Nothing personifies the culture of Barranquilla more than la cumbia. This dance is considered one of the most representative of the region. Cumbia began as a courtship dance practiced by the African populations along Colombia’s Caribbean coast. It evolved over time, mixing with European instruments, steps, and musical characteristics, and spread all over Colombia.
The Battle of Flowers (La Batalla de Flores) is the official kick-off event. It is one of the largest, most popular, and oldest parades of the carnival. This six-hour procession travels along Via 40 and is filled with elaborate and colorful floats, amazing costumes, folk dancing, fire breathers, and live music. The Barranquilla Carnaval Queen presides over the event, which draws almost 2 million people (including Colombia’s president). Seats in the grandstands sell out quickly, and you will find it virtually impossible to find a spot to watch the parade otherwise, so book ahead.
Joel learned this the hard way. “My first year, I didn’t have my hotels booked in advance, I didn’t know anyone in Barranquilla, and I didn’t have my pass for the grandstand. So my friends and I stood on the outside looking in,” he laments. “We couldn’t see anything that was going on in the parade or interact with the people. Some people on the streets were spraying us with foam and sprinkling the maicena (white corn powder) in our faces. While I knew this was part of the celebration, the novelty wore off quickly.”
The music and dancing are cornerstones of carnival. But it’s the costumes that truly embody the spirit of the festival. Marimonda is the only Carnaval character with origins in Barranquilla. The masked character has a long nose and big ears, and looks a lot like a monkey crossed with an elephant. He is dressed in bright, mismatched colors. Originally, the marimonda character was created by a poor man to poke fun at high society. With very few resources he borrowed large pants from his brother and pieced together a comical suit with two neckties—one in the front and one in the back. Today the marimonda represents the humorous and irreverent spirit of the people of Barranquilla.
If you are planning to attend, dress up.
Everywhere you look you will see thousands of colorful costumes and people covered in body paint. Women in full outrageous makeup wear bright neon headdresses made from feathers, rhinestones, and fruit. So, if you are planning to attend carnival, dress up. There are no rules. Anything and everything goes, the crazier the better. Truly, you will feel more out of place if you don’t dress up than if you do.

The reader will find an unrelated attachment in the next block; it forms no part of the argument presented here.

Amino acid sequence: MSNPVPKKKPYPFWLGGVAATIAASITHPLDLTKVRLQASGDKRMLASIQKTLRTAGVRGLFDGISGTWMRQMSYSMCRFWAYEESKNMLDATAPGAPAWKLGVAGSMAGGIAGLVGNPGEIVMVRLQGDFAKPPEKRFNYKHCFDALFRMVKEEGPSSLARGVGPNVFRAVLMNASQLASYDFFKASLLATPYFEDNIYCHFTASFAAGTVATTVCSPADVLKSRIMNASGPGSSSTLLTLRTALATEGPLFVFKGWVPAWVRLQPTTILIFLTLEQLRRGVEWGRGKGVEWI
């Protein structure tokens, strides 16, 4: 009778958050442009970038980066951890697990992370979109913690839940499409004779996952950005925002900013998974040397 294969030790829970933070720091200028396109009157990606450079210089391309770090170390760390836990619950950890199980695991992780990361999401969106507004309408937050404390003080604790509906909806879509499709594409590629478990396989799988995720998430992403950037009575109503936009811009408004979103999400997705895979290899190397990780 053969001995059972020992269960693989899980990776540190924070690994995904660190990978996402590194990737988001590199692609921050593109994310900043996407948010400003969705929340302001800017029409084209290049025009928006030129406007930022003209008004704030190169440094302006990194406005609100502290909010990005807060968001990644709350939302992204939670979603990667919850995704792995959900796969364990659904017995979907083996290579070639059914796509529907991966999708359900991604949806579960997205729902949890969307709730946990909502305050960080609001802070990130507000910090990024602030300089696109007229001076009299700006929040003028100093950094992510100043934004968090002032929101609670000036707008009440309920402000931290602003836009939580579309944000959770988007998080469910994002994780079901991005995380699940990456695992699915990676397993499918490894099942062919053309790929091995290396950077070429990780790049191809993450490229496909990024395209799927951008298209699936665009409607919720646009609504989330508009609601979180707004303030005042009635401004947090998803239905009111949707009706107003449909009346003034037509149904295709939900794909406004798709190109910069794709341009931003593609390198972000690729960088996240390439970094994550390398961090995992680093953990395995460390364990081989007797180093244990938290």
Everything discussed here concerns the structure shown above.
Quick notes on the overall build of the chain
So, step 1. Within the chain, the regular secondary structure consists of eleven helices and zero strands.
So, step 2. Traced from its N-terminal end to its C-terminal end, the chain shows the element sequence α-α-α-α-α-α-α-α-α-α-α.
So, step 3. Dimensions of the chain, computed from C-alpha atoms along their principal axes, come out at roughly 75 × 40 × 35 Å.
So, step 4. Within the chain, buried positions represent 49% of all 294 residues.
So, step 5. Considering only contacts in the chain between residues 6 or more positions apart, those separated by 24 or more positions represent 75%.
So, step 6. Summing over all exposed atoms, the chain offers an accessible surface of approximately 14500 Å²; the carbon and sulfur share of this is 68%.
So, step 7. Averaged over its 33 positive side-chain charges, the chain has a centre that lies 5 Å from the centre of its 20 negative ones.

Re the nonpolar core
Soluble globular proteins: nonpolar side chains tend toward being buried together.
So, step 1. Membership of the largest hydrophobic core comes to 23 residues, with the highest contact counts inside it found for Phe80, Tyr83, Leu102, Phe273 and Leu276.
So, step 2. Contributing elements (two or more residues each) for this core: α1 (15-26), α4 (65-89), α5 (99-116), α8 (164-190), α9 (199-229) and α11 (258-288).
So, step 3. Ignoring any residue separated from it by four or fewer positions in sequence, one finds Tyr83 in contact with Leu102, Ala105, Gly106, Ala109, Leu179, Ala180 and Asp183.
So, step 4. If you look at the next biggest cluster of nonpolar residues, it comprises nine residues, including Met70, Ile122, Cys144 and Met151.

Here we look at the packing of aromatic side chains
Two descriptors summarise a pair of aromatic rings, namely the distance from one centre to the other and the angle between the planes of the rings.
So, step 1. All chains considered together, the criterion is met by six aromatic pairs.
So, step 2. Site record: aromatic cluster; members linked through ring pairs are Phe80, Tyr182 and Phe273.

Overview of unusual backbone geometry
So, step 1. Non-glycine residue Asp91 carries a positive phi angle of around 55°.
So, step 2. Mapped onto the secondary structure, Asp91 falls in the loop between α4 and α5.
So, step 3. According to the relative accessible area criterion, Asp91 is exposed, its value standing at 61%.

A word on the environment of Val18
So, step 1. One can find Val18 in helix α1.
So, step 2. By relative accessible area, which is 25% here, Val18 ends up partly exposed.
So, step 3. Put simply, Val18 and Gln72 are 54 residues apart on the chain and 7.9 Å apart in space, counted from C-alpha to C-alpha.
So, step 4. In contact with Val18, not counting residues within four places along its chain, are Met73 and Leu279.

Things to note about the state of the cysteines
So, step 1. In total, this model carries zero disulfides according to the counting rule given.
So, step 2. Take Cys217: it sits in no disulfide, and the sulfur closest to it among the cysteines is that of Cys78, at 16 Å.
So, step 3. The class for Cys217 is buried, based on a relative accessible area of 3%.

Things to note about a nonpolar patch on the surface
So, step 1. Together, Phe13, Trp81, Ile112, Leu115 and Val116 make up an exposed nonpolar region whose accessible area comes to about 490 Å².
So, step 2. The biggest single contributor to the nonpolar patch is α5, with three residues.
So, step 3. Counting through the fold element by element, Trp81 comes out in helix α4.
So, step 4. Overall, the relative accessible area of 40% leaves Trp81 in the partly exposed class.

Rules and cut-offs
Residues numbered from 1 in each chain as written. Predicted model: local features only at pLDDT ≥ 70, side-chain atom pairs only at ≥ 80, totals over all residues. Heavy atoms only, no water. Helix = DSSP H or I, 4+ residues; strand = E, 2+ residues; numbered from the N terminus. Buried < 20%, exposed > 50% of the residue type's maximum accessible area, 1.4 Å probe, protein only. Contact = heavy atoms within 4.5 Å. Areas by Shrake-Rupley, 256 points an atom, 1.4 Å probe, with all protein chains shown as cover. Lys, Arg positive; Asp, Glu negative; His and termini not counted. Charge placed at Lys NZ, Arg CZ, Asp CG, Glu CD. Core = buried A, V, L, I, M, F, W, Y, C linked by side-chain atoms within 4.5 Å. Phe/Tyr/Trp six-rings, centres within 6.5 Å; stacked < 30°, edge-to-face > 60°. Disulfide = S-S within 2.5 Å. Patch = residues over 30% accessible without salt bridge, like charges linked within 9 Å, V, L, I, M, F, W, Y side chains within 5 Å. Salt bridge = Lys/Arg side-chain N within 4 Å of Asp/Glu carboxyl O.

Carnaval Barranquilla is a photographer’s dream. It inspired Joel to begin his coffee table book project—10 Years of Carnaval Photography. “You can see how the people in my group and the people in the event have aged and changed over the years,” he says. But change and age are the stuff of everyday life. Put them away for a time and enjoy carnival—the pure antithesis of the everyday.—Nancy Kiernan.
It’s Not Just the Americas: Carnevale Traditions in Italy
While it’s Venice that gets all the attention for its Carnevale celebrations, the rest of Italy is no slouch either when it comes to the long-running business of festive pre-Lenten merriment. From small towns to large cities, the traditions around Carnevale vary all over the country. Finding a room in Venice during the festivities can be a tall order, and if you manage it, you’ll be paying a premium. In other parts of Italy, though, celebrations are raucous and convivial but much more easily accessed.
What can you expect? In Ascoli Piceno, they have a fantastic Carnevale with groups and individuals putting on skits that poke fun at the politics, faux pas, and civic scandals that have gone on the previous year. Or, in Basilicata, there are some interesting anthropomorphic traditions tied to Carnevale, including one where men dress to represent cattle and dance with big cow bells (it’s cooler than it sounds), one that involves a “walking forest,” and yet another that celebrates a “marriage” of two towns (in cross-dress) officiated on the church steps. It’s the continuation of a tradition to end a feud.
Another one that I loved, in Le Marche, is the running of a fake bull—a sort of corrida—in which townspeople are chased by something a little like a pantomime pony, but with large horns to menace its victims. (The fake bull doesn’t actually poke people, just chases them around while they swig wine. The stains on their traditional white shirts end up looking like they’ve been gored). And in the same region, there’s another event called i muccoli where townspeople parade with cane lanterns that all end up thrown into a big bonfire at the top of town. Folks (usually young drunk guys) proceed to amp up the atmosphere by jumping over the fire.—Valerie Fortney-Schneider.